Monday, June 25, 2012

Do you trust me? Then come, walk with me a while....

"Credibility is like virginity. Once you lose it, you can never get it back." - Unknown

"The more you are willing to accept responsibility for your actions, the more credibility you will have." - Brian Koslow

Just so you all know, I normally type out my posts with all of these thoughts racing through my head, and sometimes it takes me a while to focus on what I'm really trying to say.  I've got that "gift" of the creative spirit, and I pride myself on being different.  Uniqueness is something I'm attracted to, and sometimes that creativity can be a curse.

And that, ladies & gents, is something I deal with on a daily basis: the "cursed" portion of being creative, unique, different.  For I, am a part of a fraction of the general American population who lives with being bi-polar.  Hell, even my nature of my diagnosis is uncommon.  I've been diagnosed with bi-polar I (one), rapid cycling, with OCD, anxiety, PTSD, and military sexual trauma.  My rapid cycling is/can be/has been accelerated at any given point in time due to life events.  Most people with a similar diagnosis experience rapid cycling over a period of days or weeks.  I experience it in terms of minutes, hours and days.  And if I'm not careful (meaning, if I don't take my medication like I'm supposed to), I can easily slip into a cycle and be so far into said cycle before realizing it.  So, as you may imagine, it is very difficult for people to take me at face value, or to even trust me, give me a little bit of credit for thinking or even having life experience to work from in varying situations.

There is a woman, who goes by the nom de plume of Natasha Tracy.  I found her on a website called HealthyPlace.  She wrote a simple little article back in March, that hit very close to home for me this week, about losing credibility as a person with bi-polar disorder.  Her article is straightforward, to the point and it left me nodding my head in agreement with everything she wrote.

For example, this week, I ran into an issue with my vehicle.  To make a very long story short, let's just say I had an issue with my power windows that I thought I could at least diagnose in order to save me money on getting the issue fixed. I proceeded to "diagnose" the problem, even going as far as dismantling the driver side door to take a look at the motor & cables for the window.  I've done this before on a previous vehicle, for the exact same issue, and according to my recollection, I thought a specific person taught me how to do this.

Turns out, I only got as far as dismantling the door before I figured out I didn't know what I was looking for/at.  I called the person in question, and we tried for several hours to figure things out together, all the while arguing about my knowledge of vehicles and what it was they taught me.  Eventually, the issue was fixed, if only temporarily, but I was left extremely angry, and upset because I wasn't being given the recognition for having a brain and using it to think things through given the situation at the time.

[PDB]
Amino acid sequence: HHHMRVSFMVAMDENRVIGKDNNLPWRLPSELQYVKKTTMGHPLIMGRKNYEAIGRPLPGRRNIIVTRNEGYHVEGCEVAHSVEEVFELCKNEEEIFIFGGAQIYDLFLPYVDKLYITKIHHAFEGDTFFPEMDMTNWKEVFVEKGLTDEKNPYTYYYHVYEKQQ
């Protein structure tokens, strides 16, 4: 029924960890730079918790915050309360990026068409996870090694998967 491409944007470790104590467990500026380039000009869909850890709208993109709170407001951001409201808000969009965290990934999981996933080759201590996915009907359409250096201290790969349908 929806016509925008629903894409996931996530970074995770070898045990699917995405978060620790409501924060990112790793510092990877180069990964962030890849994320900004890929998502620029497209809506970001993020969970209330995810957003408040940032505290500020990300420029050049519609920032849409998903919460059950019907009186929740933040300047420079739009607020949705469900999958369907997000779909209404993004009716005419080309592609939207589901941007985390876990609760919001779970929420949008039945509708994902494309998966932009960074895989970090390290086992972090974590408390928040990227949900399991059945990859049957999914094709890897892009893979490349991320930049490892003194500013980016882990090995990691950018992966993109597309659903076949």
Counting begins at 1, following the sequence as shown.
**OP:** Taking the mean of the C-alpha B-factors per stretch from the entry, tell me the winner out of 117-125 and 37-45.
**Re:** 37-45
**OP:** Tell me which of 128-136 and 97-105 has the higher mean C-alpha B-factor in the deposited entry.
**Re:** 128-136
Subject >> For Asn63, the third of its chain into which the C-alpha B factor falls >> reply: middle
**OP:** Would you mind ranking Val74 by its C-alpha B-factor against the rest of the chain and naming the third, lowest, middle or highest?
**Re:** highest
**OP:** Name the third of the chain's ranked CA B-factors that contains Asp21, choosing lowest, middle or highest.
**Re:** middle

To be fair, there were several things I should have done, most of which included thinking things through a bit more, but to be honest, I was trying to solve a problem for myself.  Now that I've had a few days to reflect on it, I apologized to the person I dealt with for my car but I realized it was important to me to be able to complete this task myself so that I had some experience & credibility about the subject.  How else is someone going to learn something unless they actually DO it?  Whether the outcome is a success or a failure, you're not going to know unless you do it for yourself, right?  I didn't want to be seen as a helpless or weak female, especially when it comes to the subject of cars, and since I'm broke (as people with bi-polar may be, due to compulsive spending), it was important to me to save money as well as get the problem fixed.

But it doesn't stop there when it comes to the subject of credibility.

Just because I have a mental illness doesn't mean I can't think for myself, I can't have opinions that aren't colored by my illness, or that I can't function on a daily basis. When you're bi-polar, everything in your life is affected; the way you think, the way you act, love, care, eat, sleep, your relationships with people, money, all of it.  Yes...ALL of it.  There's no half-way with this shit, guys.  And it's not only the affects of the illness itself that takes it's toll on us, it's the lack of understanding and compassion that play a role.

But what frustrates me the most, what I feel is the most hypocritical aspect of the human race, is the unwillingness to try to understand.

I'm not sure how much more I can write on this subject of credibility without sounding like a broken record, or plagiarizing Ms. Tracy.  She's got one hell of a blog, I encourage you to check it out.  Hell, I may even become a member myself, and request to go ahead and post on their website too.  I don't know what type of perspective I can lend since there is someone else already filling that awesome role there, and doing it in fine fashion.  I'm just glad that I'm able to lend a voice, an ear, and a shoulder (or two) to others out there.

Thanks for reading!  I really appreciate you!

Peace, love & light!

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